Archive for the Rasp Category

Making a simple programming language – preramble

Posted in programming, Rasp on January 17, 2011 by bbarrett

I’m just cleaning up the code for the first article in my planned series. In particular I scrubbed C++0x from it, because not everyone will support it.


I’m debating on whether to add extensive comments. I intend for this to be aimed at people who know C++, but the question is how well. I make liberal use of the standard library data structures and algorithms. I’m planning on keeping it a mid to high level discussion of the various problems and my solutions to them. I do plan to discuss the implementation itself but not in exhaustive detail.

Publishing Schedule

I think it will be worth taking some time to write up this base code, as it presents the foundation of the rest of the series. It is simple enough. For the moment, I support number literals and functions defined in C++. There are a small set of functions predefined, including the basic math operators and a print and println function. A function can be passed to another, but this isn’t particularly useful yet. It does allow one to implement a library function like std::accumulate(), where the operation to be run is specified as part of the data. I’ll probably have to split the initial implementation into three or so articles to keep them short and readable.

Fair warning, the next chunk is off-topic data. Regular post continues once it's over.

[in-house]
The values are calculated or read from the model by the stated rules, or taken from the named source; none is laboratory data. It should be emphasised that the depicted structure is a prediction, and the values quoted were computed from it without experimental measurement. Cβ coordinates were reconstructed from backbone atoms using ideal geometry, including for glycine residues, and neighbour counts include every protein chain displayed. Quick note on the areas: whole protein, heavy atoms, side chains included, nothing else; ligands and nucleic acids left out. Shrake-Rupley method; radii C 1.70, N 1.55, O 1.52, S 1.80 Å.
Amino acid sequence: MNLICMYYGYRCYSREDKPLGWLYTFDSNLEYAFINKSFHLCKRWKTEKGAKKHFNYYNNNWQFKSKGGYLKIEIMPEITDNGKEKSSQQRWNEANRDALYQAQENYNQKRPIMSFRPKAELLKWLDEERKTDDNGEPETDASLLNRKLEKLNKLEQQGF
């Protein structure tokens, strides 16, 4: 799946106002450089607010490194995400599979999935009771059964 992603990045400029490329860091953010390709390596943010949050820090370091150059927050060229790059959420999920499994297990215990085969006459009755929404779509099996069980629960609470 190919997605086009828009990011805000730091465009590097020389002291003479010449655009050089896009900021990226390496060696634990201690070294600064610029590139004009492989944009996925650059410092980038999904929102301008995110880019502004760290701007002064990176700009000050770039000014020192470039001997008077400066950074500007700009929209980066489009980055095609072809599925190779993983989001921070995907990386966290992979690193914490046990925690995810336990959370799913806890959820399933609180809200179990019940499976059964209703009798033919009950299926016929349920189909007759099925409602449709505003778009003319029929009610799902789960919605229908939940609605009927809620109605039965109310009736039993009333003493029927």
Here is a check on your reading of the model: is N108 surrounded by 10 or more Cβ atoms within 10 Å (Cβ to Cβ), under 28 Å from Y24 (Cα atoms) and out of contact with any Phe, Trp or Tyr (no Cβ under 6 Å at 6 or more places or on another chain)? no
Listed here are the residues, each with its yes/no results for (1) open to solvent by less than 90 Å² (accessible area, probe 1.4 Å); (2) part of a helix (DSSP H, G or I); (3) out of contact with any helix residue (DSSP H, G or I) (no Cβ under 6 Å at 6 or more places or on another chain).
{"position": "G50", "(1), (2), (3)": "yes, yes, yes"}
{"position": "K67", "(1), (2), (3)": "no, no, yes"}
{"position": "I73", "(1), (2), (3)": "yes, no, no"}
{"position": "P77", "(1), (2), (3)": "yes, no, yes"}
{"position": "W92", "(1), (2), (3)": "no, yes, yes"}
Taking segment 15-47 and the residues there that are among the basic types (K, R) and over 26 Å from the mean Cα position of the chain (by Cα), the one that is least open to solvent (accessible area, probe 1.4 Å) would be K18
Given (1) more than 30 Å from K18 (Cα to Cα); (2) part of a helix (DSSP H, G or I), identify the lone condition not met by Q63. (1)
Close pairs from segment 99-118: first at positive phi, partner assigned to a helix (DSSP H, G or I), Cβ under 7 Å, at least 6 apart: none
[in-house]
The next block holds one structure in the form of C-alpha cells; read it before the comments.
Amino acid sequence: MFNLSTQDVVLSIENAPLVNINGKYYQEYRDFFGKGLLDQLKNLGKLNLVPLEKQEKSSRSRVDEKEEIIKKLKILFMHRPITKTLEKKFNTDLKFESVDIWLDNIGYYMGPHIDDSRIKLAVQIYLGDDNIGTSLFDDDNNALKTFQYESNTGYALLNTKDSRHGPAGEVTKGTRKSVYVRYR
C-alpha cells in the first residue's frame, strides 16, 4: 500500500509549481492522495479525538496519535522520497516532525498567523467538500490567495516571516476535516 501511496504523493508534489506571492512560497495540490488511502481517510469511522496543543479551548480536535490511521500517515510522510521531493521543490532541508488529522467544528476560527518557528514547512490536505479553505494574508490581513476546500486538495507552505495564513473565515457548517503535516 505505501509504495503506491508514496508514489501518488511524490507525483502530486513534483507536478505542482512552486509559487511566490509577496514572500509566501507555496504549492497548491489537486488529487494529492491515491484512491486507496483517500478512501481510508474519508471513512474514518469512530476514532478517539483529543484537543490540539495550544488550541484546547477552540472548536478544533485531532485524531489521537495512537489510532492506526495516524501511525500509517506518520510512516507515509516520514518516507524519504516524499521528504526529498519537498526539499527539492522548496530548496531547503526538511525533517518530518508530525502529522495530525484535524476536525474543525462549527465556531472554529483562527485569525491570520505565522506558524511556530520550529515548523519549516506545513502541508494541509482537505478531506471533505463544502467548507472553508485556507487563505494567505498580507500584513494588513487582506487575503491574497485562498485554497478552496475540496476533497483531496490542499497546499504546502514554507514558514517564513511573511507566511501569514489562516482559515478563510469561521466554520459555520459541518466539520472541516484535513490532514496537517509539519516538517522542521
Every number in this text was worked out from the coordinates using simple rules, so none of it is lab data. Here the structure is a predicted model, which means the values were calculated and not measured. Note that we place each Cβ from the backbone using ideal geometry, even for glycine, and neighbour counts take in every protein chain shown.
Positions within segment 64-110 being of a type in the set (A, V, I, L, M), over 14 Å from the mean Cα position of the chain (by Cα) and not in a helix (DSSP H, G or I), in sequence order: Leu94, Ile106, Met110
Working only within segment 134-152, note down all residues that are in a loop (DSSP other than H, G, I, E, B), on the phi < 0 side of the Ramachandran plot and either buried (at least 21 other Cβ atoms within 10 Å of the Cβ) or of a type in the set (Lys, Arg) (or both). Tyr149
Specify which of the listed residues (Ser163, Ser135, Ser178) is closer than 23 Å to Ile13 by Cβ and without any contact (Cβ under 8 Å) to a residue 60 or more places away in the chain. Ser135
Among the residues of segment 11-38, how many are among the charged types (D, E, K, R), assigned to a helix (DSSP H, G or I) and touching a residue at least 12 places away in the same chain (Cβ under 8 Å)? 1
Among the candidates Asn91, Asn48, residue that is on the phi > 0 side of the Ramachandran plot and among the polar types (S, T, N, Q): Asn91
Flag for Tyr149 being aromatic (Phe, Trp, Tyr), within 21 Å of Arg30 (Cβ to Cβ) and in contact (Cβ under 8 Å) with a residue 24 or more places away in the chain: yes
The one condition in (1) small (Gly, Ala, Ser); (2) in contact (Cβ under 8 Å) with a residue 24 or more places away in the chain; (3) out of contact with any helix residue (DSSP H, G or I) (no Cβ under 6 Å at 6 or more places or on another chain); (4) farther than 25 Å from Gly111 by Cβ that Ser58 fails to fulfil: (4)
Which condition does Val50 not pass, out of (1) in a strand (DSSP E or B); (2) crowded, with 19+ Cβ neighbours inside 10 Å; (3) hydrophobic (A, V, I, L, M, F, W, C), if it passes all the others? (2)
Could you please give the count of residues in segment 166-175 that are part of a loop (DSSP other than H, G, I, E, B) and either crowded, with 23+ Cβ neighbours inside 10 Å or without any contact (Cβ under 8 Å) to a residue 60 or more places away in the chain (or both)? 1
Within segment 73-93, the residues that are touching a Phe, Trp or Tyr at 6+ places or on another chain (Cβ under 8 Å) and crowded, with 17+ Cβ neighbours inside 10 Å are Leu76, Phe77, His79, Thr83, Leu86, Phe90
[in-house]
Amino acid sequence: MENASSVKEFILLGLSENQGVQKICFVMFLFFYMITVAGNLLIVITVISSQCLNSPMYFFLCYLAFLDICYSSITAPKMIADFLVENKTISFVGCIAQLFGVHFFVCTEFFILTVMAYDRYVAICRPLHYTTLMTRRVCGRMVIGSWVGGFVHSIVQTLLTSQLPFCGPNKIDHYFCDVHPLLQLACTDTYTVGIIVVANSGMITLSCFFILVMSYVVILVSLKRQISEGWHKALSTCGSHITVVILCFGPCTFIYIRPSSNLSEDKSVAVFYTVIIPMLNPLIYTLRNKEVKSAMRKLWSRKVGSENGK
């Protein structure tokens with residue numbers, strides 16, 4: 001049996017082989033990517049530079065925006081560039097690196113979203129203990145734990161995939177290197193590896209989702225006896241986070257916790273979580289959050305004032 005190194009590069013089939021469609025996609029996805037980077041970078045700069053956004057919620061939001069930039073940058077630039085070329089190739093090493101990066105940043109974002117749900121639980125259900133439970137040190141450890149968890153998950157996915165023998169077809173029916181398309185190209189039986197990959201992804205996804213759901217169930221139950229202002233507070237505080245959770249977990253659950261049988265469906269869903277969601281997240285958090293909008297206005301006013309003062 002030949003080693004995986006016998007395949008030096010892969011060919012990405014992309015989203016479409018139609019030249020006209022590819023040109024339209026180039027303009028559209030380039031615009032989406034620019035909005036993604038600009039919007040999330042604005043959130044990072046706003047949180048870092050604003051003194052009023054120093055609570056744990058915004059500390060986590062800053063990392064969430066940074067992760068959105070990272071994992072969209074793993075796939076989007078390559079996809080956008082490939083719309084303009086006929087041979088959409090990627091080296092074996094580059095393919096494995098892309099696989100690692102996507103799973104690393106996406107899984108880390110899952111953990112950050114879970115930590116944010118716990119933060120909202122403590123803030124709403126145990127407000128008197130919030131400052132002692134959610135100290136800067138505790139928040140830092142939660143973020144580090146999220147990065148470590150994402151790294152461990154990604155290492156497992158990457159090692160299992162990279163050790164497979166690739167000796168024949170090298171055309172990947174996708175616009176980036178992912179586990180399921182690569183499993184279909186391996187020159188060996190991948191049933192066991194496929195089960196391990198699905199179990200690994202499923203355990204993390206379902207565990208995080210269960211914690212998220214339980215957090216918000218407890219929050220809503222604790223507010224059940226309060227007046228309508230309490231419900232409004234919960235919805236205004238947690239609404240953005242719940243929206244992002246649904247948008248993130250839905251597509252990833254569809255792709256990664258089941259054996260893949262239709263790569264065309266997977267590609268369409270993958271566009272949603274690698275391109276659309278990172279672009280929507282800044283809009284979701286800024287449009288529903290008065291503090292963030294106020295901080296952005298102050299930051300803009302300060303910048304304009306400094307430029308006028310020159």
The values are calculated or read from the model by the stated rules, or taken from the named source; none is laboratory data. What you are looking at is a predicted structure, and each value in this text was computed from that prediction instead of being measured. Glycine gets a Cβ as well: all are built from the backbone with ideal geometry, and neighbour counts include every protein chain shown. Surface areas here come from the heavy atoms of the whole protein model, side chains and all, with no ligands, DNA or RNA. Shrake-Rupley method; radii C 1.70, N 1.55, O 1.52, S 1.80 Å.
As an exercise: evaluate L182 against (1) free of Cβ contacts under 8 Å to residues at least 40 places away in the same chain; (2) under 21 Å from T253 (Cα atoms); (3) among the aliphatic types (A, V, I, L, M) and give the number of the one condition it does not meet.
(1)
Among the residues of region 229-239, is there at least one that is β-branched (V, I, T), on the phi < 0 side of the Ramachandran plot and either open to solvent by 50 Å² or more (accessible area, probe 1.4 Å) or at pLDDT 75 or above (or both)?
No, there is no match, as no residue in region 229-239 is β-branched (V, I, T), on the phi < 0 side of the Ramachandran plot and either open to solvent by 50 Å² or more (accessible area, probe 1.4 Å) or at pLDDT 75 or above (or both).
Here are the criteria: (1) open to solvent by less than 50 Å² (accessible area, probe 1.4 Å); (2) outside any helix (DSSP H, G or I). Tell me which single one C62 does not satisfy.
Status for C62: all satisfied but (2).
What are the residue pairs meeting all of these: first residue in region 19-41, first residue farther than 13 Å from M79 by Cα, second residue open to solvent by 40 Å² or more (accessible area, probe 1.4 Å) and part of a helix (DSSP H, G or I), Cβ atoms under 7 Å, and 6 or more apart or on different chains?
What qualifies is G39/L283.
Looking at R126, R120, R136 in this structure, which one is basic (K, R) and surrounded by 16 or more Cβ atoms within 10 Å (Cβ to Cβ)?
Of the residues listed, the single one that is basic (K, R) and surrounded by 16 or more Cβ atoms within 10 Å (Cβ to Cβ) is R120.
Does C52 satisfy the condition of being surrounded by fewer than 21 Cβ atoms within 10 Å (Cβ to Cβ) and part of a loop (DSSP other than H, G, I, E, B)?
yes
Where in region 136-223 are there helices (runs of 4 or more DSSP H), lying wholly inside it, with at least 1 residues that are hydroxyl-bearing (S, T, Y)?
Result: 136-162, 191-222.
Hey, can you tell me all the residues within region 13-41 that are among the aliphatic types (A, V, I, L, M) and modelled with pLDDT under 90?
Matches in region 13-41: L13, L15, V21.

Implementation Stuff

So far I’ve implemented a simple value based system, everything is passed and returned by value. Functions are hard coded at compile time. This means that multiple invocations of a function will incur copies. This is fine at the moment as a function is just a string and a function pointer, but when I move to support user defined functions I don’t want to be needlessly be copying them around.

The current implementation merely starts a REPL interpreter. There is no support as yet for loading from a file or any command line parameters at all.

Show me the Code!

The code is available on github: I haven’t put in a build system or committed the Visual Studio project files as yet. I’m testing it on Linux too, so I’m not sure how I’m going to do that just yet.



Proto article series on creating a programming language – Roadmap

Posted in programming, Rasp on January 14, 2011 by bbarrett

There has been a lot of interest on the forums about creating custom programming languages. Since I have done this, I was thinking of doing a semi-retrospective, semi-rewrite to illustrate how to build a working programming language interpreter. I was considering doing this for quite some time, but I didn’t quite have the motivation to do so.